HARTFORD, Conn. (AP) — A University of Connecticut student accused of saying a racist slur outside a campus apartment complex applied Wednesday for a probation program that could result in the charge being erased.
Jarred Karal, of Plainville, applied for accelerated rehabilitation in Rockville Superior Court. The program can lead to charges being erased after a successfully completed probation period.
A hearing on the application is set for Jan. 8.
Karal and another student, Ryan Mucaj, of Granby, are charged with ridicule on account of creed, religion, color, denomination, nationality or race.
Karal told police they were playing a game in which they shouted bad words and didn’t mean to offend anyone, according to an arrest warrant affidavit.
Karal’s lawyer, T.R. Paulding Jr., and Mucaj’s attorney, Mario Cerame, declined to comment Wednesday. Mucaj is due in court Dec. 19.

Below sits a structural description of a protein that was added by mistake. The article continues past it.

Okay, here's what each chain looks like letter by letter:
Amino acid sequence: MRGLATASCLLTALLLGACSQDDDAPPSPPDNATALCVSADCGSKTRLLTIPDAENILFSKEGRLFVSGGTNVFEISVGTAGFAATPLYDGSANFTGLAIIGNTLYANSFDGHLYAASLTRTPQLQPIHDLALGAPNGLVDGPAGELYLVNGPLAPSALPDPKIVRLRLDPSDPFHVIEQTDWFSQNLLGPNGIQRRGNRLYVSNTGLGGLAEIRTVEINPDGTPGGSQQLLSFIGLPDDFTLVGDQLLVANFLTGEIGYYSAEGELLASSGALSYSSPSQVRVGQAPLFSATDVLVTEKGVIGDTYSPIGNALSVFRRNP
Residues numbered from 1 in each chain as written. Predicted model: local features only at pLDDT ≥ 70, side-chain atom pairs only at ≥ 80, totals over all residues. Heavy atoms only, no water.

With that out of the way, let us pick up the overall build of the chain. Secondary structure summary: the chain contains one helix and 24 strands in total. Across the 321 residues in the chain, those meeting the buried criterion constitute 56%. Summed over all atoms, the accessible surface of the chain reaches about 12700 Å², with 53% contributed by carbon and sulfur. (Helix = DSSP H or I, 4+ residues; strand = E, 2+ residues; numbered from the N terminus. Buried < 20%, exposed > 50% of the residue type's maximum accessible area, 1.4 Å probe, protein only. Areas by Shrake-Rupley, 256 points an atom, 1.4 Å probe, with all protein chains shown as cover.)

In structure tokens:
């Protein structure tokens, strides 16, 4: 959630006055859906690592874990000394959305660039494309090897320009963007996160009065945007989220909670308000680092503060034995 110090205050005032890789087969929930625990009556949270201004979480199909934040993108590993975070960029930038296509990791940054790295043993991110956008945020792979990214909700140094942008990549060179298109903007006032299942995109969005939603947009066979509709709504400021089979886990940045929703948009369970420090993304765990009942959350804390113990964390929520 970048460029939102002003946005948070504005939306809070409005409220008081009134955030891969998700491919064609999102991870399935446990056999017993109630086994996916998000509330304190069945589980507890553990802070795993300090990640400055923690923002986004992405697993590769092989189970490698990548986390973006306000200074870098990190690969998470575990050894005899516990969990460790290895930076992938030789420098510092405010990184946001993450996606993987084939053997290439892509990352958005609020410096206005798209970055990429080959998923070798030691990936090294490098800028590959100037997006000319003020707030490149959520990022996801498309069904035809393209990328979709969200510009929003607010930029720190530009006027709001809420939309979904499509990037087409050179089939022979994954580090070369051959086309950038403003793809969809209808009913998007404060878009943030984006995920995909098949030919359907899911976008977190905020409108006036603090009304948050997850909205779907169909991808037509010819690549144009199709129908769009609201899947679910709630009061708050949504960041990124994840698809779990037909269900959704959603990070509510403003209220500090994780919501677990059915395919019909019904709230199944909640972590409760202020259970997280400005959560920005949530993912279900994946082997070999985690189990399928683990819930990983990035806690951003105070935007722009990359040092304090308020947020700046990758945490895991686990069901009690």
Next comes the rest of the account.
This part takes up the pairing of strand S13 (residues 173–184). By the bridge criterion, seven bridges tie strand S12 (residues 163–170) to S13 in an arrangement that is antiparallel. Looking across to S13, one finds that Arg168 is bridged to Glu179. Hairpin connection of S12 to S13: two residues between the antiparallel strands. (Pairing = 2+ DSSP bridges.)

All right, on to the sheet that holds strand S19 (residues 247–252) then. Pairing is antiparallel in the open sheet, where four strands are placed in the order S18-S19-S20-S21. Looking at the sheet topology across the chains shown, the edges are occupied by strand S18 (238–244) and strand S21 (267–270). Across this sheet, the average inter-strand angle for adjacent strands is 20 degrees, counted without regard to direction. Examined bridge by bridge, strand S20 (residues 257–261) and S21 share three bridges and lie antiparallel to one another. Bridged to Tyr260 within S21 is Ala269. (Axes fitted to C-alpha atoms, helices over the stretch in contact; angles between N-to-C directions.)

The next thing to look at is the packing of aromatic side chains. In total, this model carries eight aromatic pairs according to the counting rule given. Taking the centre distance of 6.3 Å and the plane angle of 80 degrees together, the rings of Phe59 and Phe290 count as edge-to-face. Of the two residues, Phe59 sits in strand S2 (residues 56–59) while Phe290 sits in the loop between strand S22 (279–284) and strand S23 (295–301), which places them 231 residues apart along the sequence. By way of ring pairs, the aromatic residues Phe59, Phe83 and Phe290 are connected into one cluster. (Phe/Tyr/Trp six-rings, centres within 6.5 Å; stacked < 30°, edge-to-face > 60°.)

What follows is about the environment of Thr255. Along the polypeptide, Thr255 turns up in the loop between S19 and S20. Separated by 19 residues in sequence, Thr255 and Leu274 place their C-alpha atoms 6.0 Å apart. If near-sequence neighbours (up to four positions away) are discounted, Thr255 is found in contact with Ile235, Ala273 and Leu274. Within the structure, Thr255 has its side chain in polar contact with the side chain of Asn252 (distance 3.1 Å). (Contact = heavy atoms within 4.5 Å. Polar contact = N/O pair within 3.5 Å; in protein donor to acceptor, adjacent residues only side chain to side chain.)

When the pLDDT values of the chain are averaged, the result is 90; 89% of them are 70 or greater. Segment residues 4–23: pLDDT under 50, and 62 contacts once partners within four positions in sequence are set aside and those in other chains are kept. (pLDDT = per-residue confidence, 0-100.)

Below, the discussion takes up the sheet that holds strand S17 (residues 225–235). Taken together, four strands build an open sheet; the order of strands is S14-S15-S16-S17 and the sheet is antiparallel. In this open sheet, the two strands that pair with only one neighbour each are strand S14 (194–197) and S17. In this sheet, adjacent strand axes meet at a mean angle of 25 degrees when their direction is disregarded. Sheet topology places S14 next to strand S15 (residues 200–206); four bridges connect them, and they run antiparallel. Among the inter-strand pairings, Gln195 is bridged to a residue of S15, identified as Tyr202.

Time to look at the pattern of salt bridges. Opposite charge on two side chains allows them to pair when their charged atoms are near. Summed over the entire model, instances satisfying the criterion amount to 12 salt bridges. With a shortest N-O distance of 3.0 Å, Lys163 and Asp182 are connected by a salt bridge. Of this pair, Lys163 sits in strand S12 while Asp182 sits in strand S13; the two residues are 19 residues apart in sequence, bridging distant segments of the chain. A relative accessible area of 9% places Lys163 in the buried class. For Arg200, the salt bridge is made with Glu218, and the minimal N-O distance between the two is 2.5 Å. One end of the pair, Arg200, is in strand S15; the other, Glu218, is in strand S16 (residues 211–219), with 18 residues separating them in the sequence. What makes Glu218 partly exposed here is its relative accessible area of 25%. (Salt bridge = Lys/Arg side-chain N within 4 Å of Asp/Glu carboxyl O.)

Police said the two 21-year-old men said the racial slur several times while walking with a third student through the parking lot of UConn’s Charter Oak Apartments complex on Oct. 11. Karal and Mucaj are white.
The third student was not charged.
The slur was recorded on video by a black student and led to campus protests against racism. That student told police he was not sure whether the students saw him or were directing the racial epithets toward him.
Free speech advocates have weighed in, saying the slur is offensive but uttering it is not criminal.
Karal told police the group was playing a game in which they would yell the word “penis,” according to an arrest warrant affidavit. The first person who refuses to say the word loses, he said. They decided to change the game to shouting the racial epithet, he said.
“I sincerely apologize if we offended anyone,” he told police, according to the affidavit. “This was not our intentions at all. We were acting dumb, idiotic and childish.”
Mucaj told police he had had seven drinks at a bar and did not remember the episode, authorities said.
UConn has declined to say whether Karal and Mucaj are facing academic penalties, citing federal privacy law.